Commentary: Urgent action needed to remove spent nuclear fuel for a safer future

The twin domes of the San Onofre Nuclear Generating Station on the Pacific Coast by Camp Pendleton.
(Don Bartletti / Los Angeles Times)

After decades of failed federal nuclear policy, I commend Department of Energy Secretary Jennifer Granholm and Rep. Mike Levin (CA-49) for their leadership and progress in relocating spent nuclear fuel. As co-chair of the Spent Fuel Solutions Coalition, a member of the San Onofre Nuclear Generating Station (SONGS) Decommissioning Community Engagement Panel, and as the Orange County Supervisor representing communities near SONGS, removing the stranded fuel from our coast is a top priority.

Temporary on-site spent fuel storage, like at SONGS, costs taxpayers approximately $2 million per day, totaling over $9 billion spent to date. Storing spent nuclear fuel on an earthquake fault, vulnerable to sea level rise, along a rail corridor, near a military base, and close to nearly 9 million residents perpetuates past inaction. While the canisters are safe for now, we cannot wait for continued decades of delays.

International case studies and past mistakes offer a clear road map to success. Collaboration from the Department of Energy, congressional leaders and local communities is crucial. Orange and San Diego counties have worked closely together to coordinate emergency services and with SONGS plant owners. My co-chair for the Spent Fuel Solutions coalition is San Diego Supervisor Jim Desmond, highlighting our levels of collaboration.


In June, Secretary Granholm, Rep. Levin and members of the Spent Fuel Solutions coalition announced progress in removing spent nuclear fuel from our coastline. The Department of Energy invested $26 million in grants to engage regions in potentially hosting Consolidated Interim Storage (CIS) facilities. Host communities would receive federal investments in infrastructure and jobs. Community consent is vital, and we modeled community consent-based siting processes from Finland, Sweden and Canada.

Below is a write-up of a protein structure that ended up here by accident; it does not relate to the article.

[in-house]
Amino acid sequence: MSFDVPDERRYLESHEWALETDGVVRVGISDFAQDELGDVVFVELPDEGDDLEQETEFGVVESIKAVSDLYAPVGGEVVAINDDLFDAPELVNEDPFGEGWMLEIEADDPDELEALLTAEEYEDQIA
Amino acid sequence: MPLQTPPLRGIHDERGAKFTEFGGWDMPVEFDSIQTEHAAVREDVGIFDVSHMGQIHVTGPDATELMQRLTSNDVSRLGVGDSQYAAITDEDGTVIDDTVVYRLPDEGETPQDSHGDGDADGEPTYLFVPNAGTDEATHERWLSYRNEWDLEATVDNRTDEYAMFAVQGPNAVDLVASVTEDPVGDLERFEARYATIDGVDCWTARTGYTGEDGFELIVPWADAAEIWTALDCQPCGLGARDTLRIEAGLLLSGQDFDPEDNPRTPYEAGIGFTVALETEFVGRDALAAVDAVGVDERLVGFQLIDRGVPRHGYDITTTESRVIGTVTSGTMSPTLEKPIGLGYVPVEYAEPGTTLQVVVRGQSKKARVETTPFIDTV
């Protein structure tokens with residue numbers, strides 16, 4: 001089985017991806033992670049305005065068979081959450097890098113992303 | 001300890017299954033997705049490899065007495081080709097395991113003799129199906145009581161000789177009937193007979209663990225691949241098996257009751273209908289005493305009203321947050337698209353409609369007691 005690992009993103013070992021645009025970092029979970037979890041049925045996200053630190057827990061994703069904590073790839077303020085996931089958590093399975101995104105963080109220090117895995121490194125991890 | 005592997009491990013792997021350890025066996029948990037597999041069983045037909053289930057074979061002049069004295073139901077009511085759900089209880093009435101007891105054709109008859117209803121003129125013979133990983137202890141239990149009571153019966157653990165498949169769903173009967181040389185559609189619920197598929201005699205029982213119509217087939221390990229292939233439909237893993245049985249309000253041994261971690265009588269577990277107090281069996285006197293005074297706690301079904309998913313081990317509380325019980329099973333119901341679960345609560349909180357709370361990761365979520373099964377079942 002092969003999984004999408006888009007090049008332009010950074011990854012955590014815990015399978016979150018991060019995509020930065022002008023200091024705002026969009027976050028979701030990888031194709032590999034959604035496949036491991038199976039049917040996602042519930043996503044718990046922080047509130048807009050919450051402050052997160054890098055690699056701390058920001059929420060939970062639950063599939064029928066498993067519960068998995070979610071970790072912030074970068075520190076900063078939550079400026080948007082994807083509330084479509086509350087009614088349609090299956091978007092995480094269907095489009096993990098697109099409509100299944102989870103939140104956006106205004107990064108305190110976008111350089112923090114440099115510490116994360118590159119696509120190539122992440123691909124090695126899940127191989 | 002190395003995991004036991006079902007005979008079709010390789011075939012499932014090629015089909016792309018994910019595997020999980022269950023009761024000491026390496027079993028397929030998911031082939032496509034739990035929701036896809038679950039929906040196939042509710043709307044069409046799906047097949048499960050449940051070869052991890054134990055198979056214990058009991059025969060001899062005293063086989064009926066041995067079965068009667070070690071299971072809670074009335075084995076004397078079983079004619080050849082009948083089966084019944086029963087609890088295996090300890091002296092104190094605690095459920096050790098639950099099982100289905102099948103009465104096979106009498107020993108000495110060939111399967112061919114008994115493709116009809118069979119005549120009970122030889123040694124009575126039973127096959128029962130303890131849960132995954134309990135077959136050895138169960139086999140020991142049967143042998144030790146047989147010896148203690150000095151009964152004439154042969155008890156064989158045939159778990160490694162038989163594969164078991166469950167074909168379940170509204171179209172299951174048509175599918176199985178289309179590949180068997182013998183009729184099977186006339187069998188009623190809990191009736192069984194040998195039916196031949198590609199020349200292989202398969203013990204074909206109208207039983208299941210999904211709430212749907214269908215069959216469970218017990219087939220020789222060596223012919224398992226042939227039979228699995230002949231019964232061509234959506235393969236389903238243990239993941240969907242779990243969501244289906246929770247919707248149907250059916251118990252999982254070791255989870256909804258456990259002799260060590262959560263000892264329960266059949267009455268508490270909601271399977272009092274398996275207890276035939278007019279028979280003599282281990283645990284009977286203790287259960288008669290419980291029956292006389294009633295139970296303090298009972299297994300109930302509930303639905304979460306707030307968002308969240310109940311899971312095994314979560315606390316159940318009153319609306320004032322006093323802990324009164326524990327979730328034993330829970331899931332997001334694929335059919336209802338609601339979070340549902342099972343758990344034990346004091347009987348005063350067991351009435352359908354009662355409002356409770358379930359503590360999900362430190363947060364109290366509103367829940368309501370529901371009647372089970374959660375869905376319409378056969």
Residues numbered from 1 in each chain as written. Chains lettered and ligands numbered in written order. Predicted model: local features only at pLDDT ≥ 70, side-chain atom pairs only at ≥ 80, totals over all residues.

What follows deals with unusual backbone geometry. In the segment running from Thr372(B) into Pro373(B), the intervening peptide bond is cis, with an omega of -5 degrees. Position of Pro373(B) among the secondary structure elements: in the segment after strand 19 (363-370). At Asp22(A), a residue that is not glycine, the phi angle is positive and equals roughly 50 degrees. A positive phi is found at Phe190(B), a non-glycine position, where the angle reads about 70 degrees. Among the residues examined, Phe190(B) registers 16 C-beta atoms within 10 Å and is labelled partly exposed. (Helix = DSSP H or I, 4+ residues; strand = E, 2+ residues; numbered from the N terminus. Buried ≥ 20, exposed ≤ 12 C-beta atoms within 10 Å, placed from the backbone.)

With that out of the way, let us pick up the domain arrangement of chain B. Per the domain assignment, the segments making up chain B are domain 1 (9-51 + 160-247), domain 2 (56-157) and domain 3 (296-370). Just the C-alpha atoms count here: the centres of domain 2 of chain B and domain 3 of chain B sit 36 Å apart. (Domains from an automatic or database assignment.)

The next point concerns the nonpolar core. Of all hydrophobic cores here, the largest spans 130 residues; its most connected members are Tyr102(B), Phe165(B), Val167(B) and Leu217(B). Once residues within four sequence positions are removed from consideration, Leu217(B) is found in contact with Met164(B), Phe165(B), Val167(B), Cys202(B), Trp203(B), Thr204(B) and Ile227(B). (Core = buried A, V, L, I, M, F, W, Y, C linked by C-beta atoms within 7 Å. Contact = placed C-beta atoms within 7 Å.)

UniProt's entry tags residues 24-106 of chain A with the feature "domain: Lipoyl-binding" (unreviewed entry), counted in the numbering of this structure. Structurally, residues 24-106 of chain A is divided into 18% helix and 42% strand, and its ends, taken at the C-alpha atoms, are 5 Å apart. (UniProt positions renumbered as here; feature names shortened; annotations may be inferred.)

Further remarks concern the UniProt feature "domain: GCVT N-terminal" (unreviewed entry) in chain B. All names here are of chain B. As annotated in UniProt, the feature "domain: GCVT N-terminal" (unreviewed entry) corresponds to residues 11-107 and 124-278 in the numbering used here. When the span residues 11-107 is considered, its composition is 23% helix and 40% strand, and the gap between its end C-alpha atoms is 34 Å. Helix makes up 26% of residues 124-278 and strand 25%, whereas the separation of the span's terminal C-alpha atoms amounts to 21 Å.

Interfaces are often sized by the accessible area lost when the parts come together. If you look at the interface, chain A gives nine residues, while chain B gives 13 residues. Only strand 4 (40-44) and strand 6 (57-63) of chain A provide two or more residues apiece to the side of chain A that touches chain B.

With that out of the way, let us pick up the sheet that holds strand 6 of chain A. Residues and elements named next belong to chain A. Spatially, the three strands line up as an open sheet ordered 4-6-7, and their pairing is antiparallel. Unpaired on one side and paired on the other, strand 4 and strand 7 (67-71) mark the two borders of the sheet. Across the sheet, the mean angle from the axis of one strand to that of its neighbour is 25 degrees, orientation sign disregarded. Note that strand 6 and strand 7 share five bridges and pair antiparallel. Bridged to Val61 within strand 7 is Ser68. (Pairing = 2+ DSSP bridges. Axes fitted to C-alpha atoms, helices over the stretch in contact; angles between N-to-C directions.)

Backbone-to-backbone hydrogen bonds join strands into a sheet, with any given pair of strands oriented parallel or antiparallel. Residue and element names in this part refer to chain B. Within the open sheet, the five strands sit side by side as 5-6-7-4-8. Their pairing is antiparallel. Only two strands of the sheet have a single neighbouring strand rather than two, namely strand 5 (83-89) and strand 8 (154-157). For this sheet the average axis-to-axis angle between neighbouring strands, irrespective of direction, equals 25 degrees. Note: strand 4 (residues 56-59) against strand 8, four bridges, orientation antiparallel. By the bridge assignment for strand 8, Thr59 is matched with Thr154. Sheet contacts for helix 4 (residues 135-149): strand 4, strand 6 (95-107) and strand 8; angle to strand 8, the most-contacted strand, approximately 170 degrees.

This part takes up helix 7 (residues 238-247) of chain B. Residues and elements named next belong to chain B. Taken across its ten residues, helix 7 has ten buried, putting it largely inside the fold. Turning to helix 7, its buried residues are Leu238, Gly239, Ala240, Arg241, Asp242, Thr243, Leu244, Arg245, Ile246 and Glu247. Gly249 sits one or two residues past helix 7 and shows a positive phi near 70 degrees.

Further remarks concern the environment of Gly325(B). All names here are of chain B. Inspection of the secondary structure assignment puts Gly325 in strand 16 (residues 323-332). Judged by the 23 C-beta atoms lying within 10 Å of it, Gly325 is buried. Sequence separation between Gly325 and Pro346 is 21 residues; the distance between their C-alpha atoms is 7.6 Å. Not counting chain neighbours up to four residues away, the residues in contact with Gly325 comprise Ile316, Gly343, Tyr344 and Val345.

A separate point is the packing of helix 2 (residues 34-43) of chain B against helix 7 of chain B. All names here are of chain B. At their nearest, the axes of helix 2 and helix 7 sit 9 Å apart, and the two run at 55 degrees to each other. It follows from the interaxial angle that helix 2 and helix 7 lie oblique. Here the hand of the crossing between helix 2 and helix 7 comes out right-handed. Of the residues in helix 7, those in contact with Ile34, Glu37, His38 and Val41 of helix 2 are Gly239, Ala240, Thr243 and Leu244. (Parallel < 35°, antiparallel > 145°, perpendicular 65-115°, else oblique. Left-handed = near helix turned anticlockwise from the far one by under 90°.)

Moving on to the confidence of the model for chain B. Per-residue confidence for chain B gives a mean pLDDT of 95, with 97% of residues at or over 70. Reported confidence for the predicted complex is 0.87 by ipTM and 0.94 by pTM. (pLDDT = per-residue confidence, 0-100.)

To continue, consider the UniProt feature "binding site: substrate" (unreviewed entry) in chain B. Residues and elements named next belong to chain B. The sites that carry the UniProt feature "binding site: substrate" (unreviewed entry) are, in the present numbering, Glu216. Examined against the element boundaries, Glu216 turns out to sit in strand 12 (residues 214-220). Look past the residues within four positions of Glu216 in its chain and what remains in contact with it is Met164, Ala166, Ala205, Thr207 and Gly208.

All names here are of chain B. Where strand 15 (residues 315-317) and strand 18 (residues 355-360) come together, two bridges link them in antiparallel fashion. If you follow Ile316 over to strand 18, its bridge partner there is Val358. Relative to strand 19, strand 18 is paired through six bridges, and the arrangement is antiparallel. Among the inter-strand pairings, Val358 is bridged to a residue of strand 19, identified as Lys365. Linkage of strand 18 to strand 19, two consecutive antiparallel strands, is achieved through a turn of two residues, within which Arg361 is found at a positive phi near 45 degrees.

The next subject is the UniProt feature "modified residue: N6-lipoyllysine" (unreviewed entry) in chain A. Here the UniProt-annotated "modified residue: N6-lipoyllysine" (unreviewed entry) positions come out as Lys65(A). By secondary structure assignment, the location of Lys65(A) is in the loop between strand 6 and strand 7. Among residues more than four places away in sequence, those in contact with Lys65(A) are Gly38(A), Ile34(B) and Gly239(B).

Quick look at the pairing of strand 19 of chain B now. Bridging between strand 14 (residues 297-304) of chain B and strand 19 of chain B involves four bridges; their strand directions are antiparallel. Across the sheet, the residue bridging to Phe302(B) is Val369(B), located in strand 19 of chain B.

To move forward as a nation, we need to take three steps:

Funding. First, reliable funding for federal CIS sites is crucial. These sites will willingly host spent fuel relieving communities unable to store it. DOE’s funding announcement is important, but consistent funding is necessary for steady progress. Inconsistent allocation of financial resources has hindered our spent fuel management program in the past.

Identification of permanent sites. Concurrently, progress toward deep underground geological repositories for permanent disposal is necessary. A permanent repository assures interim host communities they won’t become permanent hosts by default. This requires a change to federal law, allowing exploration of alternatives to the Yucca Mountain facility.

Legislative action. While taking these steps, our coalition plans to lobby for amendments to the Nuclear Waste Policy Act to provide flexibility between CIS and a permanent repository, and the Orange County Board of Supervisors unanimously supported Rep. Levin’s Spent Fuel Prioritization Act. This action by Washington D.C. would expedite CIS while assuring host communities they truly have informed consent.

I urge everyone who wants the removal of spent nuclear fuel from SONGS to raise their voices at the local, state and federal levels. Take action by encouraging your congressional representative to join Rep. Levin’s Bipartisan Spent Nuclear Fuel Solutions Caucus. Request your state assembly members and senators to sign onto Assemblywoman Laurie Davies’ Spent Fuel Solutions letter. Become a supporting member of our coalition through our website. Petition your city councils to join the Spent Fuel Solutions coalition. As always, the public is encouraged to join our SONGS Decommissioning Community Engagement Panel meetings, details of which can be found at Act today to secure spent fuel solutions for tomorrow.

Orange County Supervisor Katrina Foley is a co-chair of Spent Fuel Solutions, a group of local governments, elected officials, utilities, environmental groups, labor leaders, Native American leaders, business organizations, and other community members who support the relocation of spent nuclear fuel to a federally licensed facility.